Oliver made trips to the Yukon Territory in 1905 and – remarkably for a man almost 57 years of age – in 1910, travelling via the Mackenzie and Porcupine rivers. He was the first federal minister to visit Dawson and the gold fields. The result was democratization of the Yukon government, needed administrative changes, and some infusions of money. In the west his policies favouring the homesteader contributed to the decline of the ranching industry; indeed, many huge grazing leases were allowed to lapse and the land was surveyed into homesteads. Following his participation in the Canadian Forestry Convention in Ottawa in January 1906, Oliver introduced the Dominion Forest Reserves Act to provide for the better management and exploitation of crown forest lands. As minister responsible for national parks, he drastically reduced the size of the Rocky Mountains (Banff), Glacier, Kootenay Lakes (Waterton Lakes), and Jasper parks [see John George Brown*; William Pearce*] under the Dominion Forest Reserves and Parks Act of 1911, which replaced the earlier legislation; much of the land thus freed was declared to be forest reserves to capitalize on its timber and mineral resources. Oliver also created the dominion parks branch within the Department of the Interior that year and appointed the able James Bernard Harkin* as commissioner. Between 1907 and 1909 he had imported the last significant herd of plains bison from Montana to Elk (Elk Island) Park in Alberta.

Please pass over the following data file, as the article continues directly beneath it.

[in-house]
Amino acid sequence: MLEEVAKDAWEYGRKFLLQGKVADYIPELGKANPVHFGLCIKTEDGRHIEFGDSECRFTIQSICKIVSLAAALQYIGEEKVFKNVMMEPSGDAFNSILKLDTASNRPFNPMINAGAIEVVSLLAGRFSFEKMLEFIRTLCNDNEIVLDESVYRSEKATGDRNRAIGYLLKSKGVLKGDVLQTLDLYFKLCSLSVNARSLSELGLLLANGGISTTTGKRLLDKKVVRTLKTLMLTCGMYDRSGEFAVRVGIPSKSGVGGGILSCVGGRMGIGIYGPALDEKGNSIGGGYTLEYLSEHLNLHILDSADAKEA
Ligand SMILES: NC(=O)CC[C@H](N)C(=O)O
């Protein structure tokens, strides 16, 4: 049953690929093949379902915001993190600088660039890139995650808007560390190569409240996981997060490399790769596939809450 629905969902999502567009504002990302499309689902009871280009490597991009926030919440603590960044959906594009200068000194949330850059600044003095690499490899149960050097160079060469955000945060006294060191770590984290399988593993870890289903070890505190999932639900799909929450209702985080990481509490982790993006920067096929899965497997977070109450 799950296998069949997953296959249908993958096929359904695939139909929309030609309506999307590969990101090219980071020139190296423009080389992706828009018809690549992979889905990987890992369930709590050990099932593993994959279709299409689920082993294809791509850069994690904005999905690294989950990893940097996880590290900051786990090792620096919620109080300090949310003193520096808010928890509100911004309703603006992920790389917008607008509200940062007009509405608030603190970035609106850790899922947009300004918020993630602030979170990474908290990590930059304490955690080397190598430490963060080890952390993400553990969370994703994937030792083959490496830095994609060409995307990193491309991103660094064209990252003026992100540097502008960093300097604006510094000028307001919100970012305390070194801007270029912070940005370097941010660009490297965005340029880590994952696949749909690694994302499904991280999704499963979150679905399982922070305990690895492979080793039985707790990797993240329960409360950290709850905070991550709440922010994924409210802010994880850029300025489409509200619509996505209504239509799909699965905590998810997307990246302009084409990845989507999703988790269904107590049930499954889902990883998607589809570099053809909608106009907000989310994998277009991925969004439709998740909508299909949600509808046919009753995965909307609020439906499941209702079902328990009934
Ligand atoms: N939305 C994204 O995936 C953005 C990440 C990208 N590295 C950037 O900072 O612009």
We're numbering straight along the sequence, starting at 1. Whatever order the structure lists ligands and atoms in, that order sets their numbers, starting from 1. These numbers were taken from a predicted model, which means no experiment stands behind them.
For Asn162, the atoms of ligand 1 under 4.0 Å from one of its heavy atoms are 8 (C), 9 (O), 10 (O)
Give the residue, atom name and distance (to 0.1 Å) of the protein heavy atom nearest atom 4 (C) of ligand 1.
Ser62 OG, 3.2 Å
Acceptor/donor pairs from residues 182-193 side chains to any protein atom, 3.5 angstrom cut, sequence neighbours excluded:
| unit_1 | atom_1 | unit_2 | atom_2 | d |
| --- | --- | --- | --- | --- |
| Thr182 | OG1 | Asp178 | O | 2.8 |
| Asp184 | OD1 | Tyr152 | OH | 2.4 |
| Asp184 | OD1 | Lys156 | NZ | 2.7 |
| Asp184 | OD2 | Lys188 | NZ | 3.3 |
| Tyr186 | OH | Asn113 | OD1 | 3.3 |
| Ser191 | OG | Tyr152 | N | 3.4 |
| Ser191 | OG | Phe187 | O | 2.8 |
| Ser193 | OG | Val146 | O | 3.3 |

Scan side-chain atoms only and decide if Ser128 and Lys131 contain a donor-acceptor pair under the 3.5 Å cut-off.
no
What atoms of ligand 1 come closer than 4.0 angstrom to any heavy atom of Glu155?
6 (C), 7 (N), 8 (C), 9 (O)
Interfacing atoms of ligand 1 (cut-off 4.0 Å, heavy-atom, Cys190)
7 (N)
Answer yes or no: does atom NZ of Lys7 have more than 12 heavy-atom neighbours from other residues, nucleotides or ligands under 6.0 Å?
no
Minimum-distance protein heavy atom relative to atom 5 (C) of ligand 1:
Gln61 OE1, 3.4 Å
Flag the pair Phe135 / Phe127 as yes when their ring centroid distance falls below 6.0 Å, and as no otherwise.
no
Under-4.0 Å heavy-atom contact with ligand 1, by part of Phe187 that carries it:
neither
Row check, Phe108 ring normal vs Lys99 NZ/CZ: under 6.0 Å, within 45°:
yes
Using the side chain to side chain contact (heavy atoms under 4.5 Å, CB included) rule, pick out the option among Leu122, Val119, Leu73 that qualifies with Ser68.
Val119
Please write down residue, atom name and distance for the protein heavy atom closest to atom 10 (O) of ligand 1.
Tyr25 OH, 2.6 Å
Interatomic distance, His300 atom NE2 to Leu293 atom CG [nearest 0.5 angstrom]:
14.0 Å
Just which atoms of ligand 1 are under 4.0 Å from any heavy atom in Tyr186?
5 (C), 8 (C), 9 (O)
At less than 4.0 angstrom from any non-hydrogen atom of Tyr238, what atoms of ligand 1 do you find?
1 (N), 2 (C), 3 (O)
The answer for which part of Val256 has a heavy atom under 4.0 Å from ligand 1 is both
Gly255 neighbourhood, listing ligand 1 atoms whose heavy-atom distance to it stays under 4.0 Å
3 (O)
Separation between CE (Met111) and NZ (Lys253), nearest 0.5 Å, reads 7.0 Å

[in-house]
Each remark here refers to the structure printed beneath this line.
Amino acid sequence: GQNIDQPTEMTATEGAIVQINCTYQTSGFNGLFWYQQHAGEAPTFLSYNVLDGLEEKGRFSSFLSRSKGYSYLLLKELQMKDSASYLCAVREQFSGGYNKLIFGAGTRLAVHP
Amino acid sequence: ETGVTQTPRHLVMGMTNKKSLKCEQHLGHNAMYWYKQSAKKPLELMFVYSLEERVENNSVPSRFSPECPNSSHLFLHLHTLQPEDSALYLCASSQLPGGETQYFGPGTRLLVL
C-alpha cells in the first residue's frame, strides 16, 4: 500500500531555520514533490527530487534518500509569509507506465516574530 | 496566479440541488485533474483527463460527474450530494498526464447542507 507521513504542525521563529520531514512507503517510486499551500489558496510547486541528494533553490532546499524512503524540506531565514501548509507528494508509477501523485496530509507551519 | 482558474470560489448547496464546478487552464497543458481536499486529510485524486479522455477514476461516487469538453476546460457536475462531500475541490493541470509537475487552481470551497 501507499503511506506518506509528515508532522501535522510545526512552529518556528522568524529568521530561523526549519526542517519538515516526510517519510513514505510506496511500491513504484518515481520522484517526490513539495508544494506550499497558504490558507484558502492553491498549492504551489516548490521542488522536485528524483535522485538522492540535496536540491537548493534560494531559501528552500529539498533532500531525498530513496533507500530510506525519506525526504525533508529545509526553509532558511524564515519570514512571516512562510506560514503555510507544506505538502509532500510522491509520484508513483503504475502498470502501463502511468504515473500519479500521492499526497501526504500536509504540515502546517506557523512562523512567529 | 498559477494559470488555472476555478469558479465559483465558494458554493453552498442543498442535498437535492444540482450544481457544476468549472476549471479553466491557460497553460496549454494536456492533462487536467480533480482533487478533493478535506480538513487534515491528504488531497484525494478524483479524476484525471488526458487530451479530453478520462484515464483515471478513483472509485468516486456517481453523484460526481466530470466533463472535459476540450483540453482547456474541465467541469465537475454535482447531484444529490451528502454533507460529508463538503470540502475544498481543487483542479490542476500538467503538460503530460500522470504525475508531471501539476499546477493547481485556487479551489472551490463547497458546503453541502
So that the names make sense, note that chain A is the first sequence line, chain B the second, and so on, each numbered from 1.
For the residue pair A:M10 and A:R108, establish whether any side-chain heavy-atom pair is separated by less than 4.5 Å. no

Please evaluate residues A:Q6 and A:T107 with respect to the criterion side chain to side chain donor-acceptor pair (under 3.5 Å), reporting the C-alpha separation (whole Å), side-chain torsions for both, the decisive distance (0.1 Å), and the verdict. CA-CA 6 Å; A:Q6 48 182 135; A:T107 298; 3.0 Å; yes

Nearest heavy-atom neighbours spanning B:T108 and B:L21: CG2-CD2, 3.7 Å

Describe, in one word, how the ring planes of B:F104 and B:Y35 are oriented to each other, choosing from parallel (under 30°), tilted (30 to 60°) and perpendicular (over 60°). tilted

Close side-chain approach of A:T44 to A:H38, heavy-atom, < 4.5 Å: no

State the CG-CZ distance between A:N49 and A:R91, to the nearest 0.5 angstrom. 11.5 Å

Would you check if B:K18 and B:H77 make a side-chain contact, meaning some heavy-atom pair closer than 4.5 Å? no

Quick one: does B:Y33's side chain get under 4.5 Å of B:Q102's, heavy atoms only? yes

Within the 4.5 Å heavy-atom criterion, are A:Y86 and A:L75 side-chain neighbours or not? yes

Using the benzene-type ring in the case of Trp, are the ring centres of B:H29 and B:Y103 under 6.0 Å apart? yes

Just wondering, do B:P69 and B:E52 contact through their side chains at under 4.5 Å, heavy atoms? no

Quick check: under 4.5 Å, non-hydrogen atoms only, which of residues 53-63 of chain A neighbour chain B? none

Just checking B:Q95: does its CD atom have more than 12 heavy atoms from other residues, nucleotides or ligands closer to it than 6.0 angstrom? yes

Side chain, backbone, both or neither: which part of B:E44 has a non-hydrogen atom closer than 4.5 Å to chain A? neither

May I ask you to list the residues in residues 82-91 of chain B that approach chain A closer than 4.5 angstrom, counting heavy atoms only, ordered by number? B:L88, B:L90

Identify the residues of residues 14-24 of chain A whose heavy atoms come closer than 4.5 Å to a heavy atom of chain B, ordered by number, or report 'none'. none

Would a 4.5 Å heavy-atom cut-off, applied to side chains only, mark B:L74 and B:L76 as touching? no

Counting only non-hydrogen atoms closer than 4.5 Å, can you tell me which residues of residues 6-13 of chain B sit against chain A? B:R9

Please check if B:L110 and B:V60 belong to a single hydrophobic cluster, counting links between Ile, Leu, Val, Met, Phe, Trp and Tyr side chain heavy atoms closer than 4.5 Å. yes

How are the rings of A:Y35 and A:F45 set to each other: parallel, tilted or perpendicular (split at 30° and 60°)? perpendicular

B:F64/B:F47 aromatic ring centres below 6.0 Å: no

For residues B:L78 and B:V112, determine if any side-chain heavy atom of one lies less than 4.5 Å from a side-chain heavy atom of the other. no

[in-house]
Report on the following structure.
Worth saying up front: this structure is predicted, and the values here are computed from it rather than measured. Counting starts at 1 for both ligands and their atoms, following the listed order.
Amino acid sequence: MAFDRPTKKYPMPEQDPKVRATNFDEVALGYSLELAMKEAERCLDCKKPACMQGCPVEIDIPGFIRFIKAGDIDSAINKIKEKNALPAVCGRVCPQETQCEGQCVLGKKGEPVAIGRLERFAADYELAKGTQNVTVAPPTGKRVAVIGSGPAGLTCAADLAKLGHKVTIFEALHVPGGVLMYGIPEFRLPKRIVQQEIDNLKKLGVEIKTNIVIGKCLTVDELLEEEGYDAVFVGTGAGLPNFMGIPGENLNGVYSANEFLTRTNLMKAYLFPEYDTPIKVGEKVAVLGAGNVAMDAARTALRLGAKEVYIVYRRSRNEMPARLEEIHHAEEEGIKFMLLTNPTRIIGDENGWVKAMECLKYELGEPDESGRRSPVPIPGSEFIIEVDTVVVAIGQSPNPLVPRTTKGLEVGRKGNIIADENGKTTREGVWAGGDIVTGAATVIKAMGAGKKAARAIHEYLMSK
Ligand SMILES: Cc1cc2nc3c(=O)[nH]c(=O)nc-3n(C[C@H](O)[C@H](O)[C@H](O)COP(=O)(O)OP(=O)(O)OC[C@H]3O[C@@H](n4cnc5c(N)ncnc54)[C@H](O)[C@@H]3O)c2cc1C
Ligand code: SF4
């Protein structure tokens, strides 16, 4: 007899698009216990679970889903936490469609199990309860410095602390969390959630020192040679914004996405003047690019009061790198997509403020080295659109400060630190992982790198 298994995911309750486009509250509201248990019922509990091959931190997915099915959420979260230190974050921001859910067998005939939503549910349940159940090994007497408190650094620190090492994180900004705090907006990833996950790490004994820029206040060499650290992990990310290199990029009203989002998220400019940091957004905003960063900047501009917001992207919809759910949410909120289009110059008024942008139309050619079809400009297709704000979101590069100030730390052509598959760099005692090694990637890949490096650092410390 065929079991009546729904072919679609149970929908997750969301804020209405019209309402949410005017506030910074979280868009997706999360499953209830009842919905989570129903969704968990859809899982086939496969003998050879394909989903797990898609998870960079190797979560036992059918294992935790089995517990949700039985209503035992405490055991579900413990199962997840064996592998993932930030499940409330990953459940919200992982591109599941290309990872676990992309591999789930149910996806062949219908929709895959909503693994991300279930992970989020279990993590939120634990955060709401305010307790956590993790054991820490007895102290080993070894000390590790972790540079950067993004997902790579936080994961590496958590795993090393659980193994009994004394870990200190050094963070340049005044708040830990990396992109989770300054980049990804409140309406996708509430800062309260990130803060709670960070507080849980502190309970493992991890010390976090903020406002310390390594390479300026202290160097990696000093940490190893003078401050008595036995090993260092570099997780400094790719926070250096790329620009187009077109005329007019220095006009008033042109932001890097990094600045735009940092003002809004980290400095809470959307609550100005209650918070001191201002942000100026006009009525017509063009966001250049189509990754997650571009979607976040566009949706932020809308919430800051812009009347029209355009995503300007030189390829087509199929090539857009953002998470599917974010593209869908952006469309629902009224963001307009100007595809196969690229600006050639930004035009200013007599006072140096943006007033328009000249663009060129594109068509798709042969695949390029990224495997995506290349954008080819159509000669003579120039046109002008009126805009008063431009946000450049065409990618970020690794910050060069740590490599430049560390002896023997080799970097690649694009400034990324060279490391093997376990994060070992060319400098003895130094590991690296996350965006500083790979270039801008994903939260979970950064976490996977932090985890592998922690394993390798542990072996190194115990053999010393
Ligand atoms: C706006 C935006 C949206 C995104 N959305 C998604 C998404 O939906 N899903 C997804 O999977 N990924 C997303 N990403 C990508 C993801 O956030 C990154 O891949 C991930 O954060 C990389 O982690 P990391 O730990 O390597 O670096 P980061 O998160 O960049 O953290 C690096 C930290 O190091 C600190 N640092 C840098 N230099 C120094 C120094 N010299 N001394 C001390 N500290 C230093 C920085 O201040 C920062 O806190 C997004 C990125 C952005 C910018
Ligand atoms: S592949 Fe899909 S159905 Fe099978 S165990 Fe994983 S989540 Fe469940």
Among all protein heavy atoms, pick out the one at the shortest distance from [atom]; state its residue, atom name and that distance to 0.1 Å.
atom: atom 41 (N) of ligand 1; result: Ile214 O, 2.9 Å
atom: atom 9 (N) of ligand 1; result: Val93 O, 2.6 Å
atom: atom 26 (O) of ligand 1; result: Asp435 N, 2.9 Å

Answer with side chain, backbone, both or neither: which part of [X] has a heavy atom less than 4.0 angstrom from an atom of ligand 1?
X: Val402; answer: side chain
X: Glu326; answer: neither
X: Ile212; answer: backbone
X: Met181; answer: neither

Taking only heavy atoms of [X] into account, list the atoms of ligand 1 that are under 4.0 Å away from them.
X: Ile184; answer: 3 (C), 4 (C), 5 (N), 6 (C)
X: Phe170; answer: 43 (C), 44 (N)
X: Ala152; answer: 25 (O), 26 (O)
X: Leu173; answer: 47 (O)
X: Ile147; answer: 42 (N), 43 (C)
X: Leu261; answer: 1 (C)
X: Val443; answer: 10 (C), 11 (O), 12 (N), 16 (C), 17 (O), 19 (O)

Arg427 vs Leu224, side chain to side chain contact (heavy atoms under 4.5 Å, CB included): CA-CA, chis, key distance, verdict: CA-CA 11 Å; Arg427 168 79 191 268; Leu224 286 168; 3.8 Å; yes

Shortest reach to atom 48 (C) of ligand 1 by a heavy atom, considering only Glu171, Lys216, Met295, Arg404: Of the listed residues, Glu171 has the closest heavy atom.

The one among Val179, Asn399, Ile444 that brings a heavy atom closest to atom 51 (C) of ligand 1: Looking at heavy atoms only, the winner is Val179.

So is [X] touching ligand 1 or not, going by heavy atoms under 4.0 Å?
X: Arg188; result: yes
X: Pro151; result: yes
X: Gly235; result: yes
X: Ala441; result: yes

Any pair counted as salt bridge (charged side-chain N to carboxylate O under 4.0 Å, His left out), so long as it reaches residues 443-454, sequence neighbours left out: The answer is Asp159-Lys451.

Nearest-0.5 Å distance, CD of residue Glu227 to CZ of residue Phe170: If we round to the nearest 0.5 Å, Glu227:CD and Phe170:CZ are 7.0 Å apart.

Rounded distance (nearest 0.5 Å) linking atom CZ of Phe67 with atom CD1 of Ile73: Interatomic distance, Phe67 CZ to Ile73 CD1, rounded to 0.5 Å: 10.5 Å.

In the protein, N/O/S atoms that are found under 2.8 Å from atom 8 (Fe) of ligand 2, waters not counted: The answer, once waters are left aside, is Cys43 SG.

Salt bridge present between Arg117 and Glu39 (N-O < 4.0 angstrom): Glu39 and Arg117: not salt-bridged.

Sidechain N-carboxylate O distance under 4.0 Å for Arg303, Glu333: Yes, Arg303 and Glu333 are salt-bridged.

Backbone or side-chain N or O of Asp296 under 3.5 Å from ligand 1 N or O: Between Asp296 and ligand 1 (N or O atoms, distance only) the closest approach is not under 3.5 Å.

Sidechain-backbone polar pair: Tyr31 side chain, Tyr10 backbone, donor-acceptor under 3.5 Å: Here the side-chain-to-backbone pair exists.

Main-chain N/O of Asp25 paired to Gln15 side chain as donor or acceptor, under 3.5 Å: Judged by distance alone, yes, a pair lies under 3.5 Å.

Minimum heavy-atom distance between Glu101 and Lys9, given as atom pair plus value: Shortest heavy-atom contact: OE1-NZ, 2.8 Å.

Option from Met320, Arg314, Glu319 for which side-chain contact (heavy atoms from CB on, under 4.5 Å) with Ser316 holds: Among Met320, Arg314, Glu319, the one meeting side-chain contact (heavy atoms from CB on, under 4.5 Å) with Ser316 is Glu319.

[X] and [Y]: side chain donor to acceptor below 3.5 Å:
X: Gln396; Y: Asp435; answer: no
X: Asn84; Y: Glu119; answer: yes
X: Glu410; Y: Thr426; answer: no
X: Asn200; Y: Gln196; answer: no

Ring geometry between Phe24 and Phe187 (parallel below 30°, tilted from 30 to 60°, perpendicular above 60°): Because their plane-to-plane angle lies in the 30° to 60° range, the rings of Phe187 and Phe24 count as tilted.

Though the dominant Liberal before 1905 in what would become the province of Alberta, Frank Oliver never was a unifier. Rivalry among party members in Edmonton was especially pronounced after that date, as the new attorney general, Charles Wilson Cross*, conducted a bitter feud with Oliver to establish his own power base in the city. Many believed that the federal minister and the Bulletin were behind much of the agitation that undermined the Rutherford government over the Alberta and Great Waterways Railway scandal of 1909–10 [see Arthur Lewis Watkins Sifton*]. Out of office and embittered, Rutherford himself unsuccessfully challenged Oliver for the federal Liberal nomination in Edmonton in 1911.